Case closed? Or an opening for more dialogue?
Erie's leaders have an opportunity to shape the conversation, and thereby bring about real change.
Less than two weeks after U.S. Attorney General Jeff Sessions ordered a nationwide review of all investigations and police reform agreements initiated by the Department of Justice, the U.S. Attorney's office in Pittsburgh closed its civil rights investigation of the Erie Bureau of Police. Whether the timing is coincidental or cause-and-effect is anybody's guess, because the U.S. Attorney's Office is refusing to answer questions.
Sessions' directive, issued in a two-page memorandum, seeks to cut back on federal oversight of local law enforcement and roll back Obama-era reforms, from the use of deadly force to how officers work with minority communities. The review includes consent agreements reached in Ferguson, Missouri, following the fatal shooting of Michael Brown, an unarmed black teenager; and in Baltimore, Maryland, following the death of Freddie Gray, who died in police custody.
In Erie, the Justice Department launched a civil rights investigation after the June 28 arrest of Montrice Bolden was caught on camera and shared widely on YouTube. During a struggle with police, Bolden, a 41-year-old African-American man, suffered a concussion and broken bones in his face. Police claimed they needed to use substantial force because Bolden fought with police, flicked a lit cigar at them, and reached for an officer's gun. Erie's minority community said enough is enough: The arrest, they said, was a clear case of police brutality at the hands of the same officers who have exhibited this kind of behavior before.
"After this review, we determined that the evidence does not warrant federal criminal civil rights charges against the Erie Bureau of Police officers who were involved in the arrest," said Soo C. Song, acting U.S. attorney for the Western District of Pennsylvania, in a news release Wednesday morning, without leaving her desk in Pittsburgh.
When asked by phone about the civil rights investigation's other goal – to examine patterns and practices within the Erie Bureau of Police – Justice Department spokeswoman Margaret Philbin said only, "We have concluded the investigation."
The lack of transparency surrounding the investigation, and the timing of its announced conclusion, are troubling.
Back in November when I first requested information in preparation for my Erie Reader story (see "Police and the Public"), and in several follow-up calls, Philbin said she was unable to provide a timetable for the investigation, offer a status report from acting U.S. Attorney Soo Song, or discuss a general framework used in investigations like these.
Linda Douglas, mother of Montrice Bolden, told me as recently as mid-March that no one from the FBI interviewed Bolden, witnesses, or family members. Police Chief Don Dacus said no one from the FBI asked to interview the police officers involved in the arrest. Dacus said that while his department cooperated with requests to turn over information, he had only "limited contact with the FBI, and that was early on when they asked for police reports, radio transmissions, and other documentation needed for their investigation. They have not given me a timeline whatsoever," he said.
The handling of the case and the announcement of its outcome came as a surprise because they are at odds with the openness fostered by then U.S. Attorney David Hickton, who in August came to Erie, joining Assistant U.S. Attorney Marshall Piccinini and then police chief Randy Bowers, to announce the Justice Department's civil rights investigation and to open up lines of communication with a new community-police panel that is now meeting every two weeks.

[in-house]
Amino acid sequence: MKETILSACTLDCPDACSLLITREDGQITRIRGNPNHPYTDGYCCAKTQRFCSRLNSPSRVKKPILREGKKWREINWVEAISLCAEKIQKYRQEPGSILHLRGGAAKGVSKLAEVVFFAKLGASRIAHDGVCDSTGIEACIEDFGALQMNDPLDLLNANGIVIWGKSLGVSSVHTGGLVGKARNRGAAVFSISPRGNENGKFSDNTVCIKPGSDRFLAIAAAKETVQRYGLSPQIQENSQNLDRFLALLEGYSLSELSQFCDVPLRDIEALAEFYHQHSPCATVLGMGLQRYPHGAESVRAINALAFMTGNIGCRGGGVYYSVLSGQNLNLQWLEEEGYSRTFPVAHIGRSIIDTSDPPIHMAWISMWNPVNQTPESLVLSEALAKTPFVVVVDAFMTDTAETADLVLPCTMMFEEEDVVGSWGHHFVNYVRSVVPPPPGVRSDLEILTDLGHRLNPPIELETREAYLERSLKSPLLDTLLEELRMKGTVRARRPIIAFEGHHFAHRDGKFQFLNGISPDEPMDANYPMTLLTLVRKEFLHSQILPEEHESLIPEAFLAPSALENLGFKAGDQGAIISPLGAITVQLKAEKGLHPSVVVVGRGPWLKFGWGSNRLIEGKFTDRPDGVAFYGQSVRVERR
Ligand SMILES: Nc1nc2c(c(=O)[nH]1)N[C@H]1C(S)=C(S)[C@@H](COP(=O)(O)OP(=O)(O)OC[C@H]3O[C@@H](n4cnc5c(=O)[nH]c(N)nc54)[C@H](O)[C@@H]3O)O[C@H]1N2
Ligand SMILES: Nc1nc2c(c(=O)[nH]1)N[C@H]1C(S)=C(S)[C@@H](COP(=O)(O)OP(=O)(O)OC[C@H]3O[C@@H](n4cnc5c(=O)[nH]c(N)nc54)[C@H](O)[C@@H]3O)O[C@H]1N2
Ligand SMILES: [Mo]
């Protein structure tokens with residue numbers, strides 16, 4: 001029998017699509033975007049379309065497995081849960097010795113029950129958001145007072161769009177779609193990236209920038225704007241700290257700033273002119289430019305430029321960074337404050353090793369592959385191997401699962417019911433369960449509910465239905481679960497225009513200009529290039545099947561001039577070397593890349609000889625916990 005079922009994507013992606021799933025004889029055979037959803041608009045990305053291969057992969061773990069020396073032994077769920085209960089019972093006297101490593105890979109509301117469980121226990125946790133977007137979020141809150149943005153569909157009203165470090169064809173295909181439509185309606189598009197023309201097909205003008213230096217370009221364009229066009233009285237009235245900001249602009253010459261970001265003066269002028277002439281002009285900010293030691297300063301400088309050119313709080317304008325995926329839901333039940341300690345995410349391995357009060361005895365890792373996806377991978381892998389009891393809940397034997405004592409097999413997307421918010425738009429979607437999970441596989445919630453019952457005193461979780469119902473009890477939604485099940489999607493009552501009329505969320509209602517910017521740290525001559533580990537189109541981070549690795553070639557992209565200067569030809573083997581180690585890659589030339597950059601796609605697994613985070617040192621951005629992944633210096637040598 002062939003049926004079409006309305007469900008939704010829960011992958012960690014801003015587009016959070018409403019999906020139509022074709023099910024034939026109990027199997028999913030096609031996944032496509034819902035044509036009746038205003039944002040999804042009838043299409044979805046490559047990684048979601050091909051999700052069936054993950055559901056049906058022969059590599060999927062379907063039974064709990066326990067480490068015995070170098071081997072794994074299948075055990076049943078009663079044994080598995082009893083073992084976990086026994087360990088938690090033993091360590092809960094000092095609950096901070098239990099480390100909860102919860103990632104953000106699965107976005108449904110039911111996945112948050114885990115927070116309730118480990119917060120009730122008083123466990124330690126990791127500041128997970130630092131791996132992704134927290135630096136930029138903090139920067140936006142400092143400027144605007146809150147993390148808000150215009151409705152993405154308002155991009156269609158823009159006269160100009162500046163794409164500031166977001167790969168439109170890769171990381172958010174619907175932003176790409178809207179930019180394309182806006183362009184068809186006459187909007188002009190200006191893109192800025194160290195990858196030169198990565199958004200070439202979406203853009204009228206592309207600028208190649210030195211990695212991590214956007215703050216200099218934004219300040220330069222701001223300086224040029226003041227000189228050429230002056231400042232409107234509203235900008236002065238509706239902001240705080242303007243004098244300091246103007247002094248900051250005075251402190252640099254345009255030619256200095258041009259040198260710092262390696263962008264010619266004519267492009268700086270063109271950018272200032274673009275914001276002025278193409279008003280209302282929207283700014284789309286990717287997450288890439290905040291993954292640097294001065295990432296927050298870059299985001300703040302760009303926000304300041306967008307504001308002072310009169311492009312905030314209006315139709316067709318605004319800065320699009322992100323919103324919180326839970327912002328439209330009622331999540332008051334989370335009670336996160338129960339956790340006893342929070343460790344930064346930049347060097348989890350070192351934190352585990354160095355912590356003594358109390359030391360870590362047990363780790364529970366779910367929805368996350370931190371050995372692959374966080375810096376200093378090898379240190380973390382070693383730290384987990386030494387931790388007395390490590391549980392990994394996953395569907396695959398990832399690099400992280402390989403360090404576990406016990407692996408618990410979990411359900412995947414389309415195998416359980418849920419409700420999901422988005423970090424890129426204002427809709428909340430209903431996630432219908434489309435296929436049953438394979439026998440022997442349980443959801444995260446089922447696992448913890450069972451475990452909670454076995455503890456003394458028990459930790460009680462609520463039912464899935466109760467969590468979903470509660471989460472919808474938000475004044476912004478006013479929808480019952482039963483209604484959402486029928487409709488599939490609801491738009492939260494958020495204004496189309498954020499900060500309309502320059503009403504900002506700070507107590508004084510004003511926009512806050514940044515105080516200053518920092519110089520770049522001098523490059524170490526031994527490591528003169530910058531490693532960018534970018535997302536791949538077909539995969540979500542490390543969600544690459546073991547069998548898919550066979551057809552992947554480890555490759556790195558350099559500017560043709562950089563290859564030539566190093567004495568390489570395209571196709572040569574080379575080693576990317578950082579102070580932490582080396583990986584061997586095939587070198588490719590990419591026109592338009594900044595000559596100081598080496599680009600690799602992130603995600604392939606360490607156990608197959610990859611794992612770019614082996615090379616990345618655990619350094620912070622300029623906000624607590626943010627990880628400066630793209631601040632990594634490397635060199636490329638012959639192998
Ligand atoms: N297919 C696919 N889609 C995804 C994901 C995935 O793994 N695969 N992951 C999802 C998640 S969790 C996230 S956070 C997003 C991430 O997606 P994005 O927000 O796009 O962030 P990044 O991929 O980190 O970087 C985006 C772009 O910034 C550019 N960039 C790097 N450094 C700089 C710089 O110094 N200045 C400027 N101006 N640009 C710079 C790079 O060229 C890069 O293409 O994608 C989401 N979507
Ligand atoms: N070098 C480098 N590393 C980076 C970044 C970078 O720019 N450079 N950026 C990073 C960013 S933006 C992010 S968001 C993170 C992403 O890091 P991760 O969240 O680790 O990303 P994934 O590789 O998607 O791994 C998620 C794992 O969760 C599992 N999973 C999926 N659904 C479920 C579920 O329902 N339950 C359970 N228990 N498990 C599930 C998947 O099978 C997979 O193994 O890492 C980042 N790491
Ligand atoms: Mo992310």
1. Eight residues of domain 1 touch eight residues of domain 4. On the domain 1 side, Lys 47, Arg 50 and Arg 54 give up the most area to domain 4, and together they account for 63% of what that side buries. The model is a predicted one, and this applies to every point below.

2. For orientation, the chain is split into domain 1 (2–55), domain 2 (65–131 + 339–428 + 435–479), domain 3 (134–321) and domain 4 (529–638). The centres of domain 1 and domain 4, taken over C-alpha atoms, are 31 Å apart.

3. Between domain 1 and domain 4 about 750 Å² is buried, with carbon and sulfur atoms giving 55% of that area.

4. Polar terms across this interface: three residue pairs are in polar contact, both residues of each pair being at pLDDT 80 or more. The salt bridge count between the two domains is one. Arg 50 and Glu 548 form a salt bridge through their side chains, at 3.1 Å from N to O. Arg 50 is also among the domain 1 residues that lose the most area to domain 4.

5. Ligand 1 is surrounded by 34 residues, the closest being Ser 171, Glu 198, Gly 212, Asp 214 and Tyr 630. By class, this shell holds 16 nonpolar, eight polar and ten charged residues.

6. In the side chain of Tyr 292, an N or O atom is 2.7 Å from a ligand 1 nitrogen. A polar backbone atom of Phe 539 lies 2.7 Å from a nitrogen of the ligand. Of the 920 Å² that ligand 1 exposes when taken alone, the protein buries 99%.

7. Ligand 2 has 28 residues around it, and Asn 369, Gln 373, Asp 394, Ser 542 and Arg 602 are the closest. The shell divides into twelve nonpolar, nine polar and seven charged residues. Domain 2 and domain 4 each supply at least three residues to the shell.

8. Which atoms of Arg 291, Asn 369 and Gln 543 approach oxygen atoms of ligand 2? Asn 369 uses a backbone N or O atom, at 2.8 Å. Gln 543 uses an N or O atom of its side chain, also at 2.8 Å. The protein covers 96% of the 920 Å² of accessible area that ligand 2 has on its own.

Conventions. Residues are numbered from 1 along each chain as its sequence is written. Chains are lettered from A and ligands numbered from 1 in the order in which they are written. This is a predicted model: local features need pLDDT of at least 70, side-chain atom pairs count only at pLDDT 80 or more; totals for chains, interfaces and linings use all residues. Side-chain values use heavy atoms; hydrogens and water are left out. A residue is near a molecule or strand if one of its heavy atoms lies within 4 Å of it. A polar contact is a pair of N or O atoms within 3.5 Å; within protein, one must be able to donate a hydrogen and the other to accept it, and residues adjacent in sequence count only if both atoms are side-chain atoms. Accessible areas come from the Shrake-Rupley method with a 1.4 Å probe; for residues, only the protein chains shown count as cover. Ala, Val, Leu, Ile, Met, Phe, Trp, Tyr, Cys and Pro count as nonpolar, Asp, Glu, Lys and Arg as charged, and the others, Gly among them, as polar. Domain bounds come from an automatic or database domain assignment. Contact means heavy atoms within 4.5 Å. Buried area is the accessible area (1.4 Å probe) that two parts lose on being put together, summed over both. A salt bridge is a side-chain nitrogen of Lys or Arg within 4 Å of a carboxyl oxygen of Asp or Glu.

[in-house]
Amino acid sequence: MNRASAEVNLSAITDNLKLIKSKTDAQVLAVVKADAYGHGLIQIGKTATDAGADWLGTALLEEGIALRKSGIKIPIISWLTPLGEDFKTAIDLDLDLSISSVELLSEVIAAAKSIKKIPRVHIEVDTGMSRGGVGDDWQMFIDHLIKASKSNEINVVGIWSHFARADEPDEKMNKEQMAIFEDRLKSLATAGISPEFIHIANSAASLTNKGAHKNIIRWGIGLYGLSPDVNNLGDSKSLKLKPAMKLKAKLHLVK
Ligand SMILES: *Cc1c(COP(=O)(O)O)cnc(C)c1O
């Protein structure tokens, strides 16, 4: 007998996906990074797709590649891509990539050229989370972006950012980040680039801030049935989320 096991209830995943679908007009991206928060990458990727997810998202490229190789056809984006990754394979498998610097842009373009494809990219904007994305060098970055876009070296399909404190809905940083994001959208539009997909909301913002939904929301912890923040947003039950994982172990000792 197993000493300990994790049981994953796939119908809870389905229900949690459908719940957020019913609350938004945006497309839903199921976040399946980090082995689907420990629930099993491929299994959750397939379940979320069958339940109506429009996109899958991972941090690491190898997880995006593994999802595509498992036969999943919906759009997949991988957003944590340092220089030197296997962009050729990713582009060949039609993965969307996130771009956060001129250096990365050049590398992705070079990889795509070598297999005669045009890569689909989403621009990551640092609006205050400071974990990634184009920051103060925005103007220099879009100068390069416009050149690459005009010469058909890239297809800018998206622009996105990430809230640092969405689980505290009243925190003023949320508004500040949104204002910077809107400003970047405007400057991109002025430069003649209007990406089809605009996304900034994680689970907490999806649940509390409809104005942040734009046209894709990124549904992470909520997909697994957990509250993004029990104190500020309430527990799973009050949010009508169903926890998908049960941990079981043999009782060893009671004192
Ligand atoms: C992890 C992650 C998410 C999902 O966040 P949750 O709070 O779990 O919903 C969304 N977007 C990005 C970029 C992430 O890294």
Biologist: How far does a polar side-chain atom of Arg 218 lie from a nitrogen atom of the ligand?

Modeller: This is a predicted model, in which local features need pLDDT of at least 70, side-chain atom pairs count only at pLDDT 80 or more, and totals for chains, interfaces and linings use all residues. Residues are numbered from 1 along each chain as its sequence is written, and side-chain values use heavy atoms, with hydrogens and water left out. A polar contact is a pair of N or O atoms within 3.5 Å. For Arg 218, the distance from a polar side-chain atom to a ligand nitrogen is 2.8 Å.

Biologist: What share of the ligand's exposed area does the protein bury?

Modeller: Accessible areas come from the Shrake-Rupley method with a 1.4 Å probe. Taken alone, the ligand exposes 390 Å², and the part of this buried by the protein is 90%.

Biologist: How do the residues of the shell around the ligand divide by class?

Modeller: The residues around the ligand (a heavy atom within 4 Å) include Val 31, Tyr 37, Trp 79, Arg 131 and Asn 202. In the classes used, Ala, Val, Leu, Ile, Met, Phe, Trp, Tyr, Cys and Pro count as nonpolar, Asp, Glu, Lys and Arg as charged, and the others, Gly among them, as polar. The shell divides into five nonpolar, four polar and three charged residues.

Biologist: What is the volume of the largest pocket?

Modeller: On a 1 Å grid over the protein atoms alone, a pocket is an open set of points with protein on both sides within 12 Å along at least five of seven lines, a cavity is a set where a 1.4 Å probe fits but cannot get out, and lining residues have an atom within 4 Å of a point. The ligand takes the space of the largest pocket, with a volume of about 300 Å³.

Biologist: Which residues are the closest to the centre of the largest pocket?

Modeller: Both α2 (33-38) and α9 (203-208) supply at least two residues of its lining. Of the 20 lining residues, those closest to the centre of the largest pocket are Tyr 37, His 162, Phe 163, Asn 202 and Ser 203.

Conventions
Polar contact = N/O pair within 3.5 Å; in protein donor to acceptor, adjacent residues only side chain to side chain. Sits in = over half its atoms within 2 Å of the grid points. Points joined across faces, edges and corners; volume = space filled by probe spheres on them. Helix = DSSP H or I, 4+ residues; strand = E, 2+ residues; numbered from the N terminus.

Unfortunately, Attorney Hickton announced his resignation on November 14, six days after the 2016 election put Donald Trump in the White House. Nominated for his position by President Obama in 2010, Hickton was a longtime advocate for criminal justice reforms, establishing a civil rights section in the U.S. Attorney's Office and working to enhance trust between the community and police. During his tenure, Pittsburgh was selected as one of six pilot cities for the National Initiative for Building Community Trust and Justice by then Attorney General Loretta Lynch. Among Hickton's other signature achievements were combating the national heroin and opioid crisis and addressing the nation's cyber security threats. He now serves as director of the Institute for Cyber Law, Policy, and Security at the University of Pittsburgh.
Chief Dacus in December told me his department's internal investigation would remain open until the conclusion of the DOJ's investigation. If the FBI investigation turned up any new evidence, he said, he wanted the opportunity to examine it. It appears the Erie police department is now free to release the results of its own internal investigation.
Whether the facts come out in Montrice Bolden's trial, at a press conference, or in a public forum, Chief Dacus would be wise to avoid mistakes made in the federal probe. The Justice Department announcement clearing his officers of criminal wrongdoing comes just as law enforcement and community members are making progress in their efforts to understand one another and rebuild trust. Genuine efforts by the police department are beginning to breach the divide.
But until cops live and work in the neighborhoods they serve; until the force is made up of people who reflect the gender, culture and color of our community; and until police officers wear body cameras to record their encounters on city streets, problems will likely continue.
There's a new sheriff in town with Jeff Sessions as Attorney General. President Trump's proposed budget all but eliminates Justice Department funding for community-policing initiatives. The tone has shifted, but Erie's leaders have an opportunity to shape the conversation, and thereby bring about real change.